The symbiotic Pakistan-U.S. defence relationship created a perfect need-based fix - one partner needed war to achieve its ambitions of hegemony while the other was addicted to weapons and petro-dollars.
What began as a starry-eyed romance between the U.S. and Pakistan, i.e. an emerging superpower and a newly-independent state to cooperate as allies in development saw many twists and turns as the relationship between the two countries progressed and morphed. We had a rejuvenated rising Western power, brimming with confidence from its recent successes in the Second World War (WW2), now driven to stamp its influence - and a newly-born Muslim state in South Asia with great hope and aspirations to carve out a future as an independent sovereign state, serving as a bridge between the Western powers and the Islamic countries.
In its infancy, the relationship benefited from the growing American economic and cultural influence through the spread of its ideals of freedom and democracy through its films, literature and entertainment with an open door policy for visas for travel and education abroad. This was welcomed and readily imbibed by a burgeoning middle class in the 1950s and 60s in Pakistan. Such were the early mutual aspirations of the two countries, the U.S. and Pakistan, bristling with hope albeit in different continents - a world apart.
They initially endeavoured to cooperate in spheres of nation building; they also entered into strategic military pacts which increasingly shaped to govern and dictate their distinct and often conflicting interests. The Cold War between the U.S. and Soviet Union saw smaller states like Pakistan caught precariously in the middle. The U.S.-Pakistan relationship - slowly but surely became an arrangement of strategic convenience with the dominant partner calling the shots. Pakistan’s nascent democracy was the biggest causality in this new relationship as the U.S. began a longstanding relationship with Pakistan’s successive military rulers.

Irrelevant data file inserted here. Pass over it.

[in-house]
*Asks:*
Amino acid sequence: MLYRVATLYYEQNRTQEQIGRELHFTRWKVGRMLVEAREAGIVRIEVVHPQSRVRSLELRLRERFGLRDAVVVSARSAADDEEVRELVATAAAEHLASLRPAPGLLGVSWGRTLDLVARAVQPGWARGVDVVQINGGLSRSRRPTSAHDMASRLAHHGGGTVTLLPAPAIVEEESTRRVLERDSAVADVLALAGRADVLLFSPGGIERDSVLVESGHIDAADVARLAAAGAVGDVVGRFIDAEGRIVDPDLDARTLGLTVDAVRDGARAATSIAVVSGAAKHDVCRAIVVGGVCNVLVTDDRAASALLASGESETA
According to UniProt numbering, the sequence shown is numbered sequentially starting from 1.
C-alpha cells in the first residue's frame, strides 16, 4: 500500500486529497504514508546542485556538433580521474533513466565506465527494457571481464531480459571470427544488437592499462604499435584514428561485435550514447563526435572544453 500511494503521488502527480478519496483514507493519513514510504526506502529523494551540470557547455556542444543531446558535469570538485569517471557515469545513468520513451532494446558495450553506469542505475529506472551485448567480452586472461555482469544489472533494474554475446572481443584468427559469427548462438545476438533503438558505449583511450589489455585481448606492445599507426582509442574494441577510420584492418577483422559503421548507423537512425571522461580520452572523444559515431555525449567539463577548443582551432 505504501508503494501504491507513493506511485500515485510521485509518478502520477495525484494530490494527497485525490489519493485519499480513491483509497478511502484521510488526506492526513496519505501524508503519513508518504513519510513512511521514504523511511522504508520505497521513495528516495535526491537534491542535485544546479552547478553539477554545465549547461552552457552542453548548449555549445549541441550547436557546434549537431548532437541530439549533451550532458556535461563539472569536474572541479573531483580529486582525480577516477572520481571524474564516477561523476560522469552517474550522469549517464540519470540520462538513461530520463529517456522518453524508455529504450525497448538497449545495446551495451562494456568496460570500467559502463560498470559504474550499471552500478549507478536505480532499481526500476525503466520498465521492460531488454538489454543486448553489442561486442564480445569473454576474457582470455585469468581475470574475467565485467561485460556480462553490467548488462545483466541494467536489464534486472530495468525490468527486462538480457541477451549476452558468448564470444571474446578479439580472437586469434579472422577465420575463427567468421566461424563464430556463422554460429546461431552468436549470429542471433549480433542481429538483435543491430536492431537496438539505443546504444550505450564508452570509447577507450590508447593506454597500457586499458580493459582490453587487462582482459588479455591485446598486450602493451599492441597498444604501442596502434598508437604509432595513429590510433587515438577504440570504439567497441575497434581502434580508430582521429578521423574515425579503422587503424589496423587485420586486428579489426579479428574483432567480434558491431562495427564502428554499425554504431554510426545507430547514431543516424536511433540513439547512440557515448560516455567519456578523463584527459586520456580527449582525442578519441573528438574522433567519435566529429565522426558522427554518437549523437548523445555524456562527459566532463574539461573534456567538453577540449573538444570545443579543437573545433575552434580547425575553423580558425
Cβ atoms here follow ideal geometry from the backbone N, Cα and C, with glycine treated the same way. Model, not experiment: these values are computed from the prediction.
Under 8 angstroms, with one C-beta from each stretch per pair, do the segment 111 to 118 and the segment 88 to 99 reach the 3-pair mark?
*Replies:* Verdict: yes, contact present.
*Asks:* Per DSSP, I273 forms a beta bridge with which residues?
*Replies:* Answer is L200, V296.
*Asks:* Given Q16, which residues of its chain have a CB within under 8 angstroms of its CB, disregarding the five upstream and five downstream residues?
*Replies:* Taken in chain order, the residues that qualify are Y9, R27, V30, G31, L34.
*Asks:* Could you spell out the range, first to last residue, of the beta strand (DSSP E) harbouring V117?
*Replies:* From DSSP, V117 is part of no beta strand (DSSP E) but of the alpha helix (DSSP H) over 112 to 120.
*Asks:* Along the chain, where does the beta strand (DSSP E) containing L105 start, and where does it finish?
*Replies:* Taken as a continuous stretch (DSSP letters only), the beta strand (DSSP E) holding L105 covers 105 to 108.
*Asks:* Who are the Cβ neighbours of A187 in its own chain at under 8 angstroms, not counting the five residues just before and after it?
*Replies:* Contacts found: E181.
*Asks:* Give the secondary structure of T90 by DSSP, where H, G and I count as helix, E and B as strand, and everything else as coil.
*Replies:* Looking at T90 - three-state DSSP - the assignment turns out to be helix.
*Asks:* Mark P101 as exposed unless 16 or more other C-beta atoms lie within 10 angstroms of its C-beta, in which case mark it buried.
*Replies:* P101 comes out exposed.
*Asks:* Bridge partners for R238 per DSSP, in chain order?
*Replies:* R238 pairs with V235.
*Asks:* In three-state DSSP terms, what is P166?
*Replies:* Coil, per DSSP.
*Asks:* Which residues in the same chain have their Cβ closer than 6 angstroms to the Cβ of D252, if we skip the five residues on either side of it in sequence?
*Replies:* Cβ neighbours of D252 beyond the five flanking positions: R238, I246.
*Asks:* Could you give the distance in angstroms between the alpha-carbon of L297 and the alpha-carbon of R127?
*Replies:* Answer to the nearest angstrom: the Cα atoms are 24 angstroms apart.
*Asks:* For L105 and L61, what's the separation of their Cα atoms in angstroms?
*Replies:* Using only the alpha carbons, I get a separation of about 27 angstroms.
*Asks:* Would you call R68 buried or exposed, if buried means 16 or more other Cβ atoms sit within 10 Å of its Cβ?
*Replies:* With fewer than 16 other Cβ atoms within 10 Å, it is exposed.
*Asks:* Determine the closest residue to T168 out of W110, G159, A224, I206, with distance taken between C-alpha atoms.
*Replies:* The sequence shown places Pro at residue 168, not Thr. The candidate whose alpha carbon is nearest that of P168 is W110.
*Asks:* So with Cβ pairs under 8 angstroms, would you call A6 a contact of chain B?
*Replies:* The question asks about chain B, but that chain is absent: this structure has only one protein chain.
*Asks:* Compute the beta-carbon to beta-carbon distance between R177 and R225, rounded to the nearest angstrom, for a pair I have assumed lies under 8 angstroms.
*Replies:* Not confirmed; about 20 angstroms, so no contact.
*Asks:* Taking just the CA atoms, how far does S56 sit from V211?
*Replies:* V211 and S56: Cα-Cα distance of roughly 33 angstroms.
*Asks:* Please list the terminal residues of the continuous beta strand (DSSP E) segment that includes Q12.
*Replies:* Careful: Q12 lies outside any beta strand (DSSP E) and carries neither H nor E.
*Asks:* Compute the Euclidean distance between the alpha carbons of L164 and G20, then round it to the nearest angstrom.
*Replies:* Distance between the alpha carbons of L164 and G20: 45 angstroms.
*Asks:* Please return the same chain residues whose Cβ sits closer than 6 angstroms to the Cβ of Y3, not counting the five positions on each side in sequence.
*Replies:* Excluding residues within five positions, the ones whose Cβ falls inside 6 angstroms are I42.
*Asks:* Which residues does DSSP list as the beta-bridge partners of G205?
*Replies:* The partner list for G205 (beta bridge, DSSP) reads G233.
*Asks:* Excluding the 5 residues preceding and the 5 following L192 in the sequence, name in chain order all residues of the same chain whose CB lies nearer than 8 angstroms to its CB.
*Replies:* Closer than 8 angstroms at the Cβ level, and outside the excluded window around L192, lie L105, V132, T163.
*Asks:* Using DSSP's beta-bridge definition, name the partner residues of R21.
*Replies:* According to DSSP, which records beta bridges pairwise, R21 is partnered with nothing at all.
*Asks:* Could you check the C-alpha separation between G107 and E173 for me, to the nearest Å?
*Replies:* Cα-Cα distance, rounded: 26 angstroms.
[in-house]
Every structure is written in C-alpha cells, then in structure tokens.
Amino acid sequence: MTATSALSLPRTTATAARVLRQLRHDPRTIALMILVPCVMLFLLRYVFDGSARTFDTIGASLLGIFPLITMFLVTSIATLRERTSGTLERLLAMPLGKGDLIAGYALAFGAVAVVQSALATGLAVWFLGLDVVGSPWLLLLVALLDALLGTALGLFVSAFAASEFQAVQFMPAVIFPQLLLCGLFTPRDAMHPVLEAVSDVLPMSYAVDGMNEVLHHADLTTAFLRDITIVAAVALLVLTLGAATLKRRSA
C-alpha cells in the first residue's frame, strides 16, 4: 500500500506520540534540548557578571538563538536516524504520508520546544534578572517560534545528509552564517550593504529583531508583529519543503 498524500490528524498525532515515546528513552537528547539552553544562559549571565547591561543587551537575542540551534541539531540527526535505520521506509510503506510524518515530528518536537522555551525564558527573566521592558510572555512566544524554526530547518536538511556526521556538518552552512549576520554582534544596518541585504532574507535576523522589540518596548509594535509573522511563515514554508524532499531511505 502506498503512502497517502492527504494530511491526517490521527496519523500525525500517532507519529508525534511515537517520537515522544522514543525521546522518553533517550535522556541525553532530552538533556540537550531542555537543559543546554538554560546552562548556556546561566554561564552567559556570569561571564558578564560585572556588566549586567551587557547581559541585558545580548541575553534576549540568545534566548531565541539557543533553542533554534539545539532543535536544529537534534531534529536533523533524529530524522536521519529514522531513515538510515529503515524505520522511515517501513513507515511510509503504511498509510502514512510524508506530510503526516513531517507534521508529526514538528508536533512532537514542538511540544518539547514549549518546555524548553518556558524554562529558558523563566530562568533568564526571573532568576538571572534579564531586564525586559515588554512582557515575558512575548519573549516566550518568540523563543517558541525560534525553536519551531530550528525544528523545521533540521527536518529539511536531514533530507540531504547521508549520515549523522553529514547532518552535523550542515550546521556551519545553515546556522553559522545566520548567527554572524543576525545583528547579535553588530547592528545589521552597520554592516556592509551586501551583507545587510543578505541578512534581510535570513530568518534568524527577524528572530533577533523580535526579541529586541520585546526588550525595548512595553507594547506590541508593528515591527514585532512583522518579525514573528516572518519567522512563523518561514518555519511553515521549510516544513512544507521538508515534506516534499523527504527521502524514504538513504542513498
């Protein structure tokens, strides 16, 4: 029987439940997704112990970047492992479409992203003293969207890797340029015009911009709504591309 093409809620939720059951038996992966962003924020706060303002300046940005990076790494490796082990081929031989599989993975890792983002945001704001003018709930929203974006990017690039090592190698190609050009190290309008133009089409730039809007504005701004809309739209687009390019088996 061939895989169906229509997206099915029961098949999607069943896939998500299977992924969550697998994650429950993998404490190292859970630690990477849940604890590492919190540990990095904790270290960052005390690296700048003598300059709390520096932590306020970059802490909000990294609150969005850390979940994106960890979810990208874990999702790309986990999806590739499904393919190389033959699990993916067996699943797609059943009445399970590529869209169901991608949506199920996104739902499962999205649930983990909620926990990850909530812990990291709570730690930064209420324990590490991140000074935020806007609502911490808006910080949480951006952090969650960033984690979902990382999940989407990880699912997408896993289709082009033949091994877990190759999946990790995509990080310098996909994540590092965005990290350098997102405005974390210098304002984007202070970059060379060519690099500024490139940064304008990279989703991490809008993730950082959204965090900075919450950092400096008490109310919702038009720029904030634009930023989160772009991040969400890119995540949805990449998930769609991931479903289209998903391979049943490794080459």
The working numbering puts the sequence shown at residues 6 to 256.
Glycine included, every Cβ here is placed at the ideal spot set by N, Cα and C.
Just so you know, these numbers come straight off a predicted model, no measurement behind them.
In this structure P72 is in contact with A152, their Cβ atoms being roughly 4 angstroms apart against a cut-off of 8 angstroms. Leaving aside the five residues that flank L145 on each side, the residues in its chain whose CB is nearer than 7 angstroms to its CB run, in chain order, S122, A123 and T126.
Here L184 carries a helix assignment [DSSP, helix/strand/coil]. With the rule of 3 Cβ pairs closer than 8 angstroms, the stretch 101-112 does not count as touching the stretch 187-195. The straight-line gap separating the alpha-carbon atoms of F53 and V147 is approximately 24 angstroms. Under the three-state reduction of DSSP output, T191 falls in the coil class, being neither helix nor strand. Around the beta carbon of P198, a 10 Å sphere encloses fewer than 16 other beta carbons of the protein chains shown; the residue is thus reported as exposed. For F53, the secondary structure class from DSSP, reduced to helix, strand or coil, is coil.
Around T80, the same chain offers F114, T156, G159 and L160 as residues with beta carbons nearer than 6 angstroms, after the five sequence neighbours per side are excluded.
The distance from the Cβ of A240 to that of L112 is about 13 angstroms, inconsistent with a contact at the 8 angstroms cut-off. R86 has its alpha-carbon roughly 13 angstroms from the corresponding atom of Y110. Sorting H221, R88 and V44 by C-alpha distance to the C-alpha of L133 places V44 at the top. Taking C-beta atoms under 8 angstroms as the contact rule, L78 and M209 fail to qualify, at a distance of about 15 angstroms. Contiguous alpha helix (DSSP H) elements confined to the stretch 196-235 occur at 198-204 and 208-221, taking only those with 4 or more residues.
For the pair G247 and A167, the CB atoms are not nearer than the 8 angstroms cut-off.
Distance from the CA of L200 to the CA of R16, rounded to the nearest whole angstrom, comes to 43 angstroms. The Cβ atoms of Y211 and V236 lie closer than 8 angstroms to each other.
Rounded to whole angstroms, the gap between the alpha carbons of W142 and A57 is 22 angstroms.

The US, after the Great War, realised that ‘war’ in itself was a very profitable industry and the investment in the “industrial military complex” (a phrase first coined by U.S. President Eisenhower) made for WW2 had to justify continuous returns. After the Indochina war (against the spread of communism) and the Middle East wars (to control crude oil supplies), the stage was set for the pursuit of dominance in South Asia. Pakistan’s strategic geography at the confluence of South, Central and West Asia became its biggest curse. Post the Soviet invasion of Afghanistan in 1979, and the Iraq war followed by the events of September 11, 2001, the U.S. went on a rampage of military aggression and dominance in the Middle East. With domestic sentiments firmly aligned, the stage was set for a contrived and purposefully manufactured and conveniently amorphous ‘war on terror’.
Meanwhile, the symbiotic Pakistan-U.S. defence relationship created a perfect need-based fix - one partner needed war to achieve its ambitions of hegemony while the other was addicted to weapons and petro-dollars to service its rich and powerful client while shoring up its own economic interests and privileges rather than investing in its largely impoverished people.
As mutual mistrust and unilateral demands became increasingly frequent and acrimonious leading to America’s eventual ignominious departure from Afghanistan in 2021, it finally signalled the end of an ill-founded transactional arrangement that never really was based on actually supporting human rights, freedom and shared democratic aspirations.
The writer is the founder chairman and Chief Executive Officer of EcoPack Ltd.
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